Trevor Dooley’s Conviction and Sentence Vacated. He Gets New Trial
When I heard that Trayvon Martin was killed, and that his killer was claiming Florida’s stand your ground defense, that law peeked my interest. I had not heard of stand your ground and wanted to know of other cases in Florida where the defendant claimed that defense.
Among the cases I found was that of Trevor Dooley. On January 23, 2013, I wrote an article on the significance of the Dooley decision. It is a Florida case where the defendant claimed self-defense.
I expected that Dooley would prevail on his claim of stand your ground because of testimony that Dooley retreated when David James came up behind him, knocking him to the ground. Dooley shot and killed David James.
At trial, prosecutors argued that Dooley could not claim that he stood his ground because he broke the law by showing his gun to the victim, thereby committing the crime of unlawful exhibition of a weapon.
In November 2012, Dooley was found guilty of manslaughter and sentenced to 8 years in prison. He remained free on bond until his first appeal was denied and on November 2014, Dooley began serving his prison time.
After the verdict in Dooley’s case, and when I wrote the first article about the case, it was my position that the jury applied the facts to Florida law from the beginning, finding that if not but for the fact that Trevor Dooley left his garage with a loaded gun and approached David James for mouthing off at him, the two would not have come into physical contact. If Dooley was truly the initial aggressor, then the jury should find the same in George Zimmerman’s case.
In George Zimmerman’s case however, Judge Debra Nelson omitted the part of initial aggressor from the jury’s instructions because the defense asked her to.
Tampa Bay Times reports that now, Trevor Dooley gets a new trial because the 2nd District Court of Appeal found that the wording in the jury instructions on the justifiable use of deadly force was “erroneous.”
The 2nd District Court of Appeal also found that the state was wrong — that “stand your ground” doesn’t depend on whether or not a person is “engaged in unlawful activity.”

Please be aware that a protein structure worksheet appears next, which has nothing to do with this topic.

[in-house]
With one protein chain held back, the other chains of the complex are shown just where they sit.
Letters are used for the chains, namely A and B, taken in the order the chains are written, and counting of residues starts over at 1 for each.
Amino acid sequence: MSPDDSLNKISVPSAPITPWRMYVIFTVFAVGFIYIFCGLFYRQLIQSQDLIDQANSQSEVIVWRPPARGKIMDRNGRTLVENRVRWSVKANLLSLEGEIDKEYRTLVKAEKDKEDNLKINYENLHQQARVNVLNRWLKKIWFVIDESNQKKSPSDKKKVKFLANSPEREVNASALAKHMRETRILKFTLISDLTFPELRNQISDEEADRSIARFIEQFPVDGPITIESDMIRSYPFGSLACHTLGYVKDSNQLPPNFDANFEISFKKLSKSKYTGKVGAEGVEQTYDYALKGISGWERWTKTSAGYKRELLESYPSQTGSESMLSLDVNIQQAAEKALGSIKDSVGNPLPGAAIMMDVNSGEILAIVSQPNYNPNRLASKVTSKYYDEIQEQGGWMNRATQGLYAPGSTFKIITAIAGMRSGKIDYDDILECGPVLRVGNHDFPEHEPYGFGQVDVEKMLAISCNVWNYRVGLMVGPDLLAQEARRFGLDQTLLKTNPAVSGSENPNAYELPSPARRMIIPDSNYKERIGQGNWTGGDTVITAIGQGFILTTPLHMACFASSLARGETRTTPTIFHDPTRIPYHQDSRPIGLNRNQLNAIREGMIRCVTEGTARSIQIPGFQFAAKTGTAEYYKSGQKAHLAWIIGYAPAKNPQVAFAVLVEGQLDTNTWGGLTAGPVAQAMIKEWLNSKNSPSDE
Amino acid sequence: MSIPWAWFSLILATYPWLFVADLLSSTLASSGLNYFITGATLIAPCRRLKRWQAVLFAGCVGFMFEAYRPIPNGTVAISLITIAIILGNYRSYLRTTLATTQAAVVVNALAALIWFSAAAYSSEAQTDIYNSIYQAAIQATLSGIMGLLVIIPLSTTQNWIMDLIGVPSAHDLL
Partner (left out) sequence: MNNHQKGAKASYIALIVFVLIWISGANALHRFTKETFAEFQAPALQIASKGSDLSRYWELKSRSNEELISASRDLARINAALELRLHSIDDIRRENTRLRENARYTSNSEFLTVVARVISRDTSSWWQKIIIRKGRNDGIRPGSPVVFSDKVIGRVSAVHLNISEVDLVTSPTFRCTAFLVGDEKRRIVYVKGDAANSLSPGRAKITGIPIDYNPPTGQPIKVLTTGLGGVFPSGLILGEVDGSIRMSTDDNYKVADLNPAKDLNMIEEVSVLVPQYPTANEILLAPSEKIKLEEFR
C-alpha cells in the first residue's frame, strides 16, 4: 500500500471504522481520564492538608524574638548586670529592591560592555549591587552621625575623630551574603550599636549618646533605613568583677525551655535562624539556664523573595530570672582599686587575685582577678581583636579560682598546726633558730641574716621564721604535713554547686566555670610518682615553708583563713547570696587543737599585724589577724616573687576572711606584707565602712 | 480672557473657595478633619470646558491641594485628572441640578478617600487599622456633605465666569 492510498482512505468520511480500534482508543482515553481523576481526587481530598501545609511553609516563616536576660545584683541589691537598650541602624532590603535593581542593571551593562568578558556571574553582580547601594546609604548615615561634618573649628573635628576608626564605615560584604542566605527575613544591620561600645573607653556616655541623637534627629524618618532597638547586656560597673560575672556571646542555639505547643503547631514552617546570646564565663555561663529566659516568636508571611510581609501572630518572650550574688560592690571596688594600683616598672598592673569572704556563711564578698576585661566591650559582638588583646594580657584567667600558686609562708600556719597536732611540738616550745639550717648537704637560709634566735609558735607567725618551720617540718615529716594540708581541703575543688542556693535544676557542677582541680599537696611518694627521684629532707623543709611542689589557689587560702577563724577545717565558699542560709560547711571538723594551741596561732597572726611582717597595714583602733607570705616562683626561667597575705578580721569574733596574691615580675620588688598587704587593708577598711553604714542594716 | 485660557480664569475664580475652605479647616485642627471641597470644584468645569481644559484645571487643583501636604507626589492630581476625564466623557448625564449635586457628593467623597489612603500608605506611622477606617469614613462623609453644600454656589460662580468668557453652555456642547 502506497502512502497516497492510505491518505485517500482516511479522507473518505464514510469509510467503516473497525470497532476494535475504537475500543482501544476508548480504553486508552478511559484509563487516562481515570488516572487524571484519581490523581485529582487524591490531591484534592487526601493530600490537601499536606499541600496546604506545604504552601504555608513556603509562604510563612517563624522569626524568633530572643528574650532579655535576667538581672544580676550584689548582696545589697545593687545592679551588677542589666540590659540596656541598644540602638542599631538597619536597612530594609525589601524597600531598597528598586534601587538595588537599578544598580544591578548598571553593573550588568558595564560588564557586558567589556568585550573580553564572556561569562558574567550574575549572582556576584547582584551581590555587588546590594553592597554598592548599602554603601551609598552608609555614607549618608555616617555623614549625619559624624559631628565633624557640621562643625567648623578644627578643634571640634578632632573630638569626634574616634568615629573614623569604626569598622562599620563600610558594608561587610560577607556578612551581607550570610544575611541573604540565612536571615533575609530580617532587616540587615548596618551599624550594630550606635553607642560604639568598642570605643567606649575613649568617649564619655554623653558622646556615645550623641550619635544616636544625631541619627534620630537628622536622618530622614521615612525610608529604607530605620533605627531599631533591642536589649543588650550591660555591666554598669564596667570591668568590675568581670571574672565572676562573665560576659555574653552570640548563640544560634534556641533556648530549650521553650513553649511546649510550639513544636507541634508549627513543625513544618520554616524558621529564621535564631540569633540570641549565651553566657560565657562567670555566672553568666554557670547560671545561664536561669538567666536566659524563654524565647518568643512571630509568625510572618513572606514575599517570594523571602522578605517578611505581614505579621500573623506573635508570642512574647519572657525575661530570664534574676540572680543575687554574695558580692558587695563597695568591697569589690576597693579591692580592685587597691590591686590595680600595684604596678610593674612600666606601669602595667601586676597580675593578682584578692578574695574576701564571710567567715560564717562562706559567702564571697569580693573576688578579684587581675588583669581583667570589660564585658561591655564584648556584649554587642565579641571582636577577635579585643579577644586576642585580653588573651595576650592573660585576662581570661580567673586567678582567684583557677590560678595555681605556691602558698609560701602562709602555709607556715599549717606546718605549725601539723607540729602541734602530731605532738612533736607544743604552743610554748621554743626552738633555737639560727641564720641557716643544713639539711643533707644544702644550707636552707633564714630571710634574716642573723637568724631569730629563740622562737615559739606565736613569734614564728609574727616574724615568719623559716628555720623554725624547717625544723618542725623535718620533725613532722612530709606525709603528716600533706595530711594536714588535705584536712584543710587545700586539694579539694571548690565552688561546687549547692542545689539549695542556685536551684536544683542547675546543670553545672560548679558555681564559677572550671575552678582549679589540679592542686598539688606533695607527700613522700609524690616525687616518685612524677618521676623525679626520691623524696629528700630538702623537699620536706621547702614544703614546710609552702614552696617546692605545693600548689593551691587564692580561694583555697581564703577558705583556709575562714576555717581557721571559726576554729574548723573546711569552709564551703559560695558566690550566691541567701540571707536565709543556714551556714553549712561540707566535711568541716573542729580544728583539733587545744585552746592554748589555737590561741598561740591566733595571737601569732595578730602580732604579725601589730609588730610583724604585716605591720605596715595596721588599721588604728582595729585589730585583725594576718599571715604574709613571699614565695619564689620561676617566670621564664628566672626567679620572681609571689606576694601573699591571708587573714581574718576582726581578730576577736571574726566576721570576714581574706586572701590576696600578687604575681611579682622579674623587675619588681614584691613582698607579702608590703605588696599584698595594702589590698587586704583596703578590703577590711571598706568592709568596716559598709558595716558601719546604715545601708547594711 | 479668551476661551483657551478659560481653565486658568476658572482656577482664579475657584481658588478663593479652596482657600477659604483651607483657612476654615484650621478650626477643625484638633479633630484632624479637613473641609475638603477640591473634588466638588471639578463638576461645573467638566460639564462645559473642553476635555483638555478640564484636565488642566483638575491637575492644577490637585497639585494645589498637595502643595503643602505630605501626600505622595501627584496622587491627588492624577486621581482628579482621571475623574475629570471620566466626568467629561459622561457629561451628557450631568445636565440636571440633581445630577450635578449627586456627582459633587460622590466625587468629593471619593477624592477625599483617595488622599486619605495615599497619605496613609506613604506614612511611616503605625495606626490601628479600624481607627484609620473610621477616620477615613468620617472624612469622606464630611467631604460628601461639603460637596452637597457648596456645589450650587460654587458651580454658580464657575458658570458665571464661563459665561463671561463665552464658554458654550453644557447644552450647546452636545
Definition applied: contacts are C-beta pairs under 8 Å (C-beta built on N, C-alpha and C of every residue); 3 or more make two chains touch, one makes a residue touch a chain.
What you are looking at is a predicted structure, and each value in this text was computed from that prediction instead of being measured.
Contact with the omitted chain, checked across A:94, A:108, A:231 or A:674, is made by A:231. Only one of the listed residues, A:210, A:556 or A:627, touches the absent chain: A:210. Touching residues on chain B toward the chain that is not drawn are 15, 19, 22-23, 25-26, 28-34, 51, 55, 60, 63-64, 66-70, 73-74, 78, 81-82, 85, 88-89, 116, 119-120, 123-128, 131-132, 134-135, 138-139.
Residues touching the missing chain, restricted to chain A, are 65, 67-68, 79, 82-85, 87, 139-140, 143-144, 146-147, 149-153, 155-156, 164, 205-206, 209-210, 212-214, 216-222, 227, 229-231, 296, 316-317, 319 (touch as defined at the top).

Dooley, who is now 73-years old, is being returned to Hillsborough County and his lawyer said he will be eligible to be freed on bond pending the new trial.
This is Dooley’s second appeal. On his first appeal in 2014, the court said that the attorney handling that appeal should have raised the error in the jury instructions about self-defense. The jury’s instructions included;
“If the defendant was not engaged in an unlawful activity and was attacked in any place where he had a right to be, he had no duty to retreat and had the right to stand his ground and meet force with force, including deadly force.”
Florida appeared to be working out its understanding of stand your ground law, and made some changes between 2010 and 2012. The Court of Appeal’s decision states;
“Dooley contends that the instruction and the State’s argument were erroneous because at the time of the offense in 2010 and at the time of trial in 2012, sections 776.032(1) and 776.012, Florida Statutes (2010), did not condition stand your ground immunity on whether the defendant was engaged in unlawful activity. Moreover, on April 10, 2013, months before appellate counsel filed the initial brief on December 16, 2013, this court held that sections 776.032(1) and 776.012(1) permit a person engaged in unlawful activity to claim stand your ground immunity. Little v. State, 111 So. 3d 214, 221-22 (Fla. 2d DCA 2013) (holding that Little’s status as a felon in illegal possession of a firearm did not preclude his claim of immunity under section 776.012(1)). Dooley argues that the erroneous instruction negated his defense and if this issue had been brought to this court’s attention, the result of his appeal would have been different.”
Florida’s 2nd District Court of Appeal reversed Dooley’s manslaughter conviction and his sentence, and remanded the case for a new trial.